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20121128
20121206
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CSPAN2 6
MSNBCW 5
CSPAN 2
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English 15
Search Results 0 to 14 of about 15 (some duplicates have been removed)
is what happened yesterday. bob dole over the years, particularly when i was at cnn, i got to know bob dole. he was on our show a lot. i really liked the man. he is a genuine american war hero, disabled very badly wounded in the war, never kept him down. he was a great senator from kansas representing the people there and the people of the united states, a very fair, very effective senate majority leader. he didn't do so well as a presidential candidate but a funny, very funny human being, a lot of fun to be around. so bob dole now 89 years old, not in great health just a week ago, he was in the walter reed hospital and word was he was so infirmed they didn't think he was going to make it. so he makes it. he is released yesterday. his wife elizabeth dole wheels him into the united states senate where he urged his fellow republicans to vote to endorse the united nations treaty on disabilities. this treaty, united nation's treaty. it does nothing -- doesn't change any existing law, doesn't give it any authority at all in the united states. it doesn't make
republicans. it was supported by senator john mccain, himself a disabled veteran. >> bob dole has been our leader on the issue of disabilities from the moment he stepped foot into the chamber. to bob, it is unthinkable that americans could not get over a curb or enter a school building or even watch a debate in this chamber if they were in a wheelchair. >> but that was not good enough for 38 of john mccain's republican colleagues, including his usual ally, lindsay graham. treaties take years to negotiate before they come to a vote. this treaty, though signed by president obama, was actually negotiated by president george w. bush. but that was not good enough for 38 republicans. republicans made up transparently ridiculous reasons to vote against it. they said it threatened america's sovereignty, even though senator kerry repeatedly showed them that the treaty requires no changes in u.s. law and that the treaty cannot be used as the basis for a lawsuit in u.s. courts. the opponents said it was inappropriate to consider a treaty ma post election lame duck session, never mind that just since
and this senate in an exceptional way. his name is bob dole of russell, kansas, who served in world war ii, was severely disabled, came home uncertain of his future but dedicated his life to public service. i don't know how many weeks or months or years are left in bob dole's life, but he has made the passage of this convention on disabilities his life's work of the moment. we owe it to bob dole, to all of the disabled veterans like him who stand with locked arms begging us to pass this convention, we owe it to the disabled people across america and around the world to stand up once and again for the rights of the disabled and for expanding opportunity not just in america, but across the world. people say we are an exceptional nation. there's a little bit of aoeg ism in that -- egotism in that statement, but i believe it is -- i ask for 30 additional seconds. but i believe it is factual that america is an exceptional nation twhe steps forward in the -- when it steps forward in the belief that freedom, liberty and opportunity should be for everyone within our country and around the world. t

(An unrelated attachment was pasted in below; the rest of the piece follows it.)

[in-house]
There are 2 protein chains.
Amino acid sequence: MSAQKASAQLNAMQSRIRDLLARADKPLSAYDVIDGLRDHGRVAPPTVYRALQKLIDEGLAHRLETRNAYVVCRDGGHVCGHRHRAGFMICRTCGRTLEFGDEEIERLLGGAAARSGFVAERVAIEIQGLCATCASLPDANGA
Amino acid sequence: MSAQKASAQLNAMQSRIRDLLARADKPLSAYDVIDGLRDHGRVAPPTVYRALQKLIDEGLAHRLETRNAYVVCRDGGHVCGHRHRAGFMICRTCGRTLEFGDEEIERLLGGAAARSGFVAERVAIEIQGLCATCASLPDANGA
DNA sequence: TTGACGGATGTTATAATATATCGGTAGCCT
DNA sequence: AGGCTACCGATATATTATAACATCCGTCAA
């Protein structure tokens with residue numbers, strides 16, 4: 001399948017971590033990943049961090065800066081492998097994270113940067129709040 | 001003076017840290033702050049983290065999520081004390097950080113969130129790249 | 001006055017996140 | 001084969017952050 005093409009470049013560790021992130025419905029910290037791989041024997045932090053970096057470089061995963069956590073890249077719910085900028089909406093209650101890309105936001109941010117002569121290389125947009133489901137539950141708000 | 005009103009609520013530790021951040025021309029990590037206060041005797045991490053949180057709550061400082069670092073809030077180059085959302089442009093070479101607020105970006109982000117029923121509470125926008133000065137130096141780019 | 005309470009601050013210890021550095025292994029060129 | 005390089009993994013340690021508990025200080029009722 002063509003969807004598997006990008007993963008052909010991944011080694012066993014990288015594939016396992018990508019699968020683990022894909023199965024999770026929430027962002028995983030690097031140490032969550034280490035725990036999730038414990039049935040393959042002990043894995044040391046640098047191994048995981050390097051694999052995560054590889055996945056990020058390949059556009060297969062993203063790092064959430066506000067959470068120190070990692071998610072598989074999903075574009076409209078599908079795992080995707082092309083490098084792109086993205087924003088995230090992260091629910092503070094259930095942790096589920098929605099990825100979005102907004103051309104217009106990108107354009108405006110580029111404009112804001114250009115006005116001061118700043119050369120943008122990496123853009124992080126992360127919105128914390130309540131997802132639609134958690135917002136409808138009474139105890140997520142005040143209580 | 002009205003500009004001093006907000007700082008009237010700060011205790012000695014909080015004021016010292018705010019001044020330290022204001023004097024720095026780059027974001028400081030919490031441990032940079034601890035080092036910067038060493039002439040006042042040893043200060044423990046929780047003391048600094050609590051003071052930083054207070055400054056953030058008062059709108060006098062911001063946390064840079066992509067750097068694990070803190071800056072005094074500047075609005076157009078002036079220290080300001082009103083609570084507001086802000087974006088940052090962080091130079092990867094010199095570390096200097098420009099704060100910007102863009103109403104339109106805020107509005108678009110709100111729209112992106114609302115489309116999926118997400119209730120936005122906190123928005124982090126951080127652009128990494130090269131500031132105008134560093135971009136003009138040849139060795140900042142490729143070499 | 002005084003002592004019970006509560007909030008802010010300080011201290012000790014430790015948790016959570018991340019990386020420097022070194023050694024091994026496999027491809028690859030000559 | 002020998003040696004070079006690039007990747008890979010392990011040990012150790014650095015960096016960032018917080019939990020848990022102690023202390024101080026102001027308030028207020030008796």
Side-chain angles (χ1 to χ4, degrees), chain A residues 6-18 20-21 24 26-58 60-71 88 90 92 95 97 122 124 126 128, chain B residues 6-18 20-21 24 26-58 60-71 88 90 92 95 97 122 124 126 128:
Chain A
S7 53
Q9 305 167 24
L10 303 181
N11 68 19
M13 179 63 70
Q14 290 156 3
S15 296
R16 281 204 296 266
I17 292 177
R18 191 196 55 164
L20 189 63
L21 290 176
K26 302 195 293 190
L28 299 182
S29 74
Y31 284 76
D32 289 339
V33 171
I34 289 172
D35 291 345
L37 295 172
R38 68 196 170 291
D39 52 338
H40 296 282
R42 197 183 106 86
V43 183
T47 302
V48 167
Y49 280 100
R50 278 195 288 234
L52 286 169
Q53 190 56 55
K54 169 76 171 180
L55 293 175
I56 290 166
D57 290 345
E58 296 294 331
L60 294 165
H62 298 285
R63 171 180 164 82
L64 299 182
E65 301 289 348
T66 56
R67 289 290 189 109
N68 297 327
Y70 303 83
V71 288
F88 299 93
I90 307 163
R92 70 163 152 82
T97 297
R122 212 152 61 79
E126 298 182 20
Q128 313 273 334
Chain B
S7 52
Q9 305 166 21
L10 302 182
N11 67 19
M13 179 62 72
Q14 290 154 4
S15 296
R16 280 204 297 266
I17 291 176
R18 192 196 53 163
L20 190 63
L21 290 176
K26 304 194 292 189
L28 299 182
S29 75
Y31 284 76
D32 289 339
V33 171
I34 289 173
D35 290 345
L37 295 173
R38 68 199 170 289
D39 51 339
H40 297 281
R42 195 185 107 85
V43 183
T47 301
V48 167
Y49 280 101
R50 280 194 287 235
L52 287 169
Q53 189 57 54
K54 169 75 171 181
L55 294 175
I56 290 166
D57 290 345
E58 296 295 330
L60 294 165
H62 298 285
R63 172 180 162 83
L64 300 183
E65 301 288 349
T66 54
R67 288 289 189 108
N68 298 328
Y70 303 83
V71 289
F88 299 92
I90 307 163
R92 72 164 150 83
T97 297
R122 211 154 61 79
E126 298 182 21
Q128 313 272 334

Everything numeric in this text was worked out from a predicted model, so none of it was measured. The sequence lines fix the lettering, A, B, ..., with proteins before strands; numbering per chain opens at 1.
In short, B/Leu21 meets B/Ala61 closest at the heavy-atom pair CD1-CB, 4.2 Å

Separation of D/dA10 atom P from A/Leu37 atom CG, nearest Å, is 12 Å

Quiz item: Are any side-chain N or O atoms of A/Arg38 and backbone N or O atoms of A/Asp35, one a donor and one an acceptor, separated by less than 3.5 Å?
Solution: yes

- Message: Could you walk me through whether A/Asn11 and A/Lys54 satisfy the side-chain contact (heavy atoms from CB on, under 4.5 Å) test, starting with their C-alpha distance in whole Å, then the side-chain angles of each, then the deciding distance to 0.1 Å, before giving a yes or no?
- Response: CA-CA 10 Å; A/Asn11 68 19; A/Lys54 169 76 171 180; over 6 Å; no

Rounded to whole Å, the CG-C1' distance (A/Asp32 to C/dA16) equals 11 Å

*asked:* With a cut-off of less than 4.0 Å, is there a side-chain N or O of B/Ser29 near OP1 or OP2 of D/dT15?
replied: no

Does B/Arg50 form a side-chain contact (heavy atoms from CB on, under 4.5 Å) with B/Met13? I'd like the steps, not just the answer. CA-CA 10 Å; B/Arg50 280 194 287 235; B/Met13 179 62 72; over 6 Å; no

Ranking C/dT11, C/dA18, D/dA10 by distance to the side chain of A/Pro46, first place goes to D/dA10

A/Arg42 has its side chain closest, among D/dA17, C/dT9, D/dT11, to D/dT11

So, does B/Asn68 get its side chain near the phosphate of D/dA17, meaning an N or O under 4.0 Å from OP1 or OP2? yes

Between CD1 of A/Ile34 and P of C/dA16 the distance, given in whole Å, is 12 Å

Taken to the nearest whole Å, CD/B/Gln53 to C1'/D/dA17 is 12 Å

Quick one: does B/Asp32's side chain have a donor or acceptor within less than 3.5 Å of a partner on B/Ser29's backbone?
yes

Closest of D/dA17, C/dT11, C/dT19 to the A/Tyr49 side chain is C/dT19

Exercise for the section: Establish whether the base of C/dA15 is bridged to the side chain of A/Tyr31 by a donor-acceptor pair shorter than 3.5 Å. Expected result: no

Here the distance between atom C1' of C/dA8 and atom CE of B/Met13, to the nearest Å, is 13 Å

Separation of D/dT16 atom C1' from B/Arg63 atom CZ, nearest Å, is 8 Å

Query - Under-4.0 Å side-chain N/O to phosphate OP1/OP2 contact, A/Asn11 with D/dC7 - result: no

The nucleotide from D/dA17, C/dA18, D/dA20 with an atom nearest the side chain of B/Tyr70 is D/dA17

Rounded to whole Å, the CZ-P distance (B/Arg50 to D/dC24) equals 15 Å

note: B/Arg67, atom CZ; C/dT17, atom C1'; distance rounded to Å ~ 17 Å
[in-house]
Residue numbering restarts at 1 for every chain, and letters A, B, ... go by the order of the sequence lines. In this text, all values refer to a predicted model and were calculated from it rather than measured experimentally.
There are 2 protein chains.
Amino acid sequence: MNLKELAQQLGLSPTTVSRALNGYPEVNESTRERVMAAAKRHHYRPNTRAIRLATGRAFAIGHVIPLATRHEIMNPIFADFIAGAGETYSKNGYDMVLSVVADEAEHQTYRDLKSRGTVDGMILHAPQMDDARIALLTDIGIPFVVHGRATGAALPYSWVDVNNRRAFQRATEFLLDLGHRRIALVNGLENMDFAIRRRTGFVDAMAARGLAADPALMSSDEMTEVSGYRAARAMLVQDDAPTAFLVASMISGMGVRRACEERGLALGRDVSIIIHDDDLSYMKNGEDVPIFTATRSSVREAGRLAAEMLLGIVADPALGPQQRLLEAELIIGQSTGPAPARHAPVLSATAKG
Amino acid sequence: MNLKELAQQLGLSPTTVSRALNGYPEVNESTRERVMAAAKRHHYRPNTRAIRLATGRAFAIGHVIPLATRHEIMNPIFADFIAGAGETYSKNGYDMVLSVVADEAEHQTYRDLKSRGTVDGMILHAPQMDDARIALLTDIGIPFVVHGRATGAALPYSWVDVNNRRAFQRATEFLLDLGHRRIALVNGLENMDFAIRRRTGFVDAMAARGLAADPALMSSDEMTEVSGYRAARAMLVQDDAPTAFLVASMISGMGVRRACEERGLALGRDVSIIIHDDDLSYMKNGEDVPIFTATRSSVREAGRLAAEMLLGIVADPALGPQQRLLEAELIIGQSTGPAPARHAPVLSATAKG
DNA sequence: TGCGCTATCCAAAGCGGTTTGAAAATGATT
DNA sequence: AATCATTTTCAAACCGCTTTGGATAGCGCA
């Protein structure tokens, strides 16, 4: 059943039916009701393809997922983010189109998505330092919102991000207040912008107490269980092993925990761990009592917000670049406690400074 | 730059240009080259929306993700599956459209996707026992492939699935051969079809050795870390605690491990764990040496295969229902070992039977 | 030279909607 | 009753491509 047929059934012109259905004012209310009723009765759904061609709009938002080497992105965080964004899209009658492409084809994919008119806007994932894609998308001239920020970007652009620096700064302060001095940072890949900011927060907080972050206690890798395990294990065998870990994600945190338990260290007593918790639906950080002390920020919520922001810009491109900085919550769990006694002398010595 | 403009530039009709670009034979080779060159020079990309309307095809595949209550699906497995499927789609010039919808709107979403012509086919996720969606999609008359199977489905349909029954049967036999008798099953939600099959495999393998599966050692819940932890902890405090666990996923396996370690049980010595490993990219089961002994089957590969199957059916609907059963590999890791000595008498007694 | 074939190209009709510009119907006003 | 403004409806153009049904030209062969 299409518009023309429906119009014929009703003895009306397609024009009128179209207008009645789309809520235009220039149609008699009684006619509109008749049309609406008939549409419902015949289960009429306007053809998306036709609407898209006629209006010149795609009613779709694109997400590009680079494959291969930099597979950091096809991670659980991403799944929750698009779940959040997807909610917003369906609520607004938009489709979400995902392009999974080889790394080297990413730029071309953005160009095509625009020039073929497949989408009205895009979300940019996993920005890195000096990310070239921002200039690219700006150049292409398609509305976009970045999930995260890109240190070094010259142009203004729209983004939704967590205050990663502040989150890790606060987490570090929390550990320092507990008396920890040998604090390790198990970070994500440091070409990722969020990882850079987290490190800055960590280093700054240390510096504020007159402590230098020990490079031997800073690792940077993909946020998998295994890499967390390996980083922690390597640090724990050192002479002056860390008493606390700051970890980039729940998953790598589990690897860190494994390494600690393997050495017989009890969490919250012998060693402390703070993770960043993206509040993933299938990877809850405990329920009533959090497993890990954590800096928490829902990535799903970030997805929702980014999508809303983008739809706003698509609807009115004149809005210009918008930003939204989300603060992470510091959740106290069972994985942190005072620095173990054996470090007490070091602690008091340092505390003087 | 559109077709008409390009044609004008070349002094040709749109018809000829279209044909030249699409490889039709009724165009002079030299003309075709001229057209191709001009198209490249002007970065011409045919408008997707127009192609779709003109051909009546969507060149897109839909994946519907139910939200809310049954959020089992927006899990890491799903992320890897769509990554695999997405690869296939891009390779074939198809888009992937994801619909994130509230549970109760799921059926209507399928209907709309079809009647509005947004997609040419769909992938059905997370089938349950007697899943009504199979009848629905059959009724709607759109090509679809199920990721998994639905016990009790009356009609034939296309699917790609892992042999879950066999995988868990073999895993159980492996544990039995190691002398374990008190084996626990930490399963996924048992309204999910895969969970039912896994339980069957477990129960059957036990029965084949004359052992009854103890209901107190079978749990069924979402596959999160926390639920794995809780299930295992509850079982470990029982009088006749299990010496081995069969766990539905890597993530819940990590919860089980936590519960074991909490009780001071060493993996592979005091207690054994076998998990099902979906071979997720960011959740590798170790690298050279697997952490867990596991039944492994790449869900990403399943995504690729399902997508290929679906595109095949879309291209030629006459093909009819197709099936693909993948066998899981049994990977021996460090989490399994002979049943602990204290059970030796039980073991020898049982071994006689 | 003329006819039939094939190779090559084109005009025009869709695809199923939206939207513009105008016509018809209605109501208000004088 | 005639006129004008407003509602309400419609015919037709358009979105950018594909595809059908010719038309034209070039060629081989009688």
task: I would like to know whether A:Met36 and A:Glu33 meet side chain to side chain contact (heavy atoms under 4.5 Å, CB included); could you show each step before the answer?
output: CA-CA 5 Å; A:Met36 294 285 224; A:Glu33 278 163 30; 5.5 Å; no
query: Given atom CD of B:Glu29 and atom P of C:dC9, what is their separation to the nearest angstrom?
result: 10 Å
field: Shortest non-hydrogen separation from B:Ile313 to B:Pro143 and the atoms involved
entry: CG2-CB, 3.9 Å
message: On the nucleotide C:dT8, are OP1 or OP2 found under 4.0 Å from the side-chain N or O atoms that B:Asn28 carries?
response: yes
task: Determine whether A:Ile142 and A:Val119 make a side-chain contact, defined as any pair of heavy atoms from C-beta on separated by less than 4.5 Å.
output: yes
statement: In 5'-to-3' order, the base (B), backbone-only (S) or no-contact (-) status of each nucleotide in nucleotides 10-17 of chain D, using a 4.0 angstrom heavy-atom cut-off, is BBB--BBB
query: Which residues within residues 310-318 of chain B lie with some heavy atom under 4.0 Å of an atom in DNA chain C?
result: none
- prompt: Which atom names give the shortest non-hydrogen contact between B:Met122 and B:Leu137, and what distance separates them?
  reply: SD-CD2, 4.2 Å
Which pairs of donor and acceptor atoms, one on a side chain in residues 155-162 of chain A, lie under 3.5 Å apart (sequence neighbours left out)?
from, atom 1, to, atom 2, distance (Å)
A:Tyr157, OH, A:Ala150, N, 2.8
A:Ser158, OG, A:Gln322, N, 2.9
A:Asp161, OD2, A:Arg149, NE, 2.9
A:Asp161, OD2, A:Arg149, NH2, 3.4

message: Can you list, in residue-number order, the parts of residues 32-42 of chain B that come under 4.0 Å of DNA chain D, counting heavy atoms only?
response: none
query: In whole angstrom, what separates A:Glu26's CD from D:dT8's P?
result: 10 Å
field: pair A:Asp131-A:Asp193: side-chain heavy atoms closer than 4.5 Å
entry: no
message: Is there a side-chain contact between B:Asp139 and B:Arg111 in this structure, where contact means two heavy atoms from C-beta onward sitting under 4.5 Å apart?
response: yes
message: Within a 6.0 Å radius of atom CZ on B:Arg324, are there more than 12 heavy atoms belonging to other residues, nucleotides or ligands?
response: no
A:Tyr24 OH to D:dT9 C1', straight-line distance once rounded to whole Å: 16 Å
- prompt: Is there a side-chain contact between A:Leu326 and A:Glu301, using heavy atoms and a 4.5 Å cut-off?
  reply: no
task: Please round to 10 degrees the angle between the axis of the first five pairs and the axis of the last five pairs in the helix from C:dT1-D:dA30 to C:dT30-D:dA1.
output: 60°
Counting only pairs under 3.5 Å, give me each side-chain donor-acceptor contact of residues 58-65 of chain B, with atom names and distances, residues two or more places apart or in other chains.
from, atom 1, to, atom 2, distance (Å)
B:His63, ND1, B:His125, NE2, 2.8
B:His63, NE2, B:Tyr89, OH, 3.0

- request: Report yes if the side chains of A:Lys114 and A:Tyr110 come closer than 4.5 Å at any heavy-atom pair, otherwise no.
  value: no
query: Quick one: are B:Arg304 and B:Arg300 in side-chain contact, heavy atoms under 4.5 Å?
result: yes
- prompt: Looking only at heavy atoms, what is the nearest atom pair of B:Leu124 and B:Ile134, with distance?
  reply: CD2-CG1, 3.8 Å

was scheduled today. ratifying a treaty requires 66 yea votes. former senator bob dole was there at the senate for the occasion. in his wheelchair. the decorated wounded combat veteran, the former republican presidential nominee on the floor of the senate. he was there with his wife. so senators had to walk past him in his wheelchair on the way in to vote. and the republicans in the senate voted no. the treaty got 61 votes, but you need a super majority to ratify a treaty and only eight republicans voted for the treaty. it requires nothing of us. 38 republicans voted no. so it failed. forget republican president, john mccain, war hero, bob dole in his wheelchair in the senate, forget our wounded veterans in their wheelchairs, forget them all. republicans are going with rick santorum and the black helicopter theory instead. now this year in 2012. they did that today. amazing. joining us is steve clemmons. he writes at the washington note and atlantic magazine. steve is also a former policy adviser for new mexico senator jeff bingaman. thank you for being here. >> great to be with you rachel. >>